UBC Study Connects Cannabis with Lower Rates of PTSD – LPC

Stephanie Lake, lead researcher of cannabis for PTSD study.People who use cannabis for PTSD (post-traumatic stress syndrome) tend to have fewer depressive episodes and suicidal thoughts. In fact, researchers concluded that PTSD sufferers who didn’t use cannabis were “far more likely” to have major symptoms.

“Among the cannabis-non-using population, there was a strong association between having PTSD and experiencing these indicators of severe mental distress,” Stephanie Lake said. Lake is the lead author on the paper, published in the Journal of Psychopharmacology.

Those who did not use cannabis for PTSD (or even recreationally) were seven times more likely to have a depressive episode. Further, they were five times more likely to have suicidal thoughts.

Lake stressed that this study is not conclusive. Although the results are dramatic, the researchers haven’t proved that cannabis for PTSD is a clear treatment. “However, this is the first time that results from a nationally representative survey have shown the potential benefits of treating the disorder with cannabis,” she said.

The BC Centre on Substance Use and University of British Columbia (UBC) conducted the research.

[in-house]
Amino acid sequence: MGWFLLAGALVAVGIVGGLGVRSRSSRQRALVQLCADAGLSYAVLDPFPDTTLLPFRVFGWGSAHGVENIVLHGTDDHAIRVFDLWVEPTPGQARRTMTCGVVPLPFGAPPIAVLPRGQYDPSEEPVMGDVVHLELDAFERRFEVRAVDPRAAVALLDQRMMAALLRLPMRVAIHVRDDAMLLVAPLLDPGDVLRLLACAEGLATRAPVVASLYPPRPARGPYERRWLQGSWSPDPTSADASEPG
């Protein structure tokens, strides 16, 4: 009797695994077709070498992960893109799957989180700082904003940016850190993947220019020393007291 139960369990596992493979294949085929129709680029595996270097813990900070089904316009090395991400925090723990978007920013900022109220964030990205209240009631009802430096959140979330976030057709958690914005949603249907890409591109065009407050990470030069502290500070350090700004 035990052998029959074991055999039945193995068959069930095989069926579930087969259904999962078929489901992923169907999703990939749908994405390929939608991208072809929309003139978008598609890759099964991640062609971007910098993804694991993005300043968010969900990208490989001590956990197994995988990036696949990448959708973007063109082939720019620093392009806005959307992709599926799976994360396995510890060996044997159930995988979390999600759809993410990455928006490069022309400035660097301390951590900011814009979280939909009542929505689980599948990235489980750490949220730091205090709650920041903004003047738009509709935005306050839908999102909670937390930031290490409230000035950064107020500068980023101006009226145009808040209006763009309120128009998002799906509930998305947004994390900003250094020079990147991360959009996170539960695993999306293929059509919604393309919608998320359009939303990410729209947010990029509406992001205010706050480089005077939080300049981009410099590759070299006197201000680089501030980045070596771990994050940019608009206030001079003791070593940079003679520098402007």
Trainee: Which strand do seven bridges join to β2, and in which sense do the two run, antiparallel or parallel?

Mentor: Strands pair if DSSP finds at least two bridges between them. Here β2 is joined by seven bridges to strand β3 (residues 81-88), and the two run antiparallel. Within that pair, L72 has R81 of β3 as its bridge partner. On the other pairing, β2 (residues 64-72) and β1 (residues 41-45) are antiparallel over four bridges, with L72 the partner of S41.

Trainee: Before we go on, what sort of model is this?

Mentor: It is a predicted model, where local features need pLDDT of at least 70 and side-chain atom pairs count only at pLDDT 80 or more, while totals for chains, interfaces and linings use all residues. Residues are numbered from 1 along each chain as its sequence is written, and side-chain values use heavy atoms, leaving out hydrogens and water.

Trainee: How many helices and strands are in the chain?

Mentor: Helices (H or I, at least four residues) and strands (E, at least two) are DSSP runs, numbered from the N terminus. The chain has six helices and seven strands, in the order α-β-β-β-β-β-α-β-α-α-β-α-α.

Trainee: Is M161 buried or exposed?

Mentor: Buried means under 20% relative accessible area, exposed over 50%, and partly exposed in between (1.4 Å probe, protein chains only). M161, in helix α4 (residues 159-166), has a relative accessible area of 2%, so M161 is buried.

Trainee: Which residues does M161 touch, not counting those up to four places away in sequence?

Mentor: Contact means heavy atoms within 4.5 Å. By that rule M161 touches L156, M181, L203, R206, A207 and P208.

Further Research into Cannabis Needed – LPC

Lake said further research is needed to confirm cannabis is an effective treatment. That research is already underway. However, Lake mentions in a press release that the study revealed people are self-medicating, using cannabis for PTSD.

That’s where the catch-22 is. People are self-medicating because they can’t get an expert opinion. They can’t get an expert opinion because the experts don’t know enough. Getting a cannabis prescription is still difficult because doctors do not understand the risks and benefits of cannabis as a medical treatment. Recently, the Canadian Medical Association Journal questioned the medical cannabis risks and benefits. In the US, the US Drug Enforcement Agency (DEA) has to approve all cannabis cultivation for research use, and that takes a lot of time. Meanwhile, stories about cannabis addiction and cannabis vomiting syndrome show that negative side effects are possible.

This research into cannabis for PTSD is encouraging for two reasons. For one, we can learn the direct benefits and risks for current sufferers. For the other, more, positive cannabis research can only be a good thing.

This editorial content from the LPC News Team provides analysis, insight, and perspective on current news articles. To read the source article this commentary is based upon, please click on the link below.

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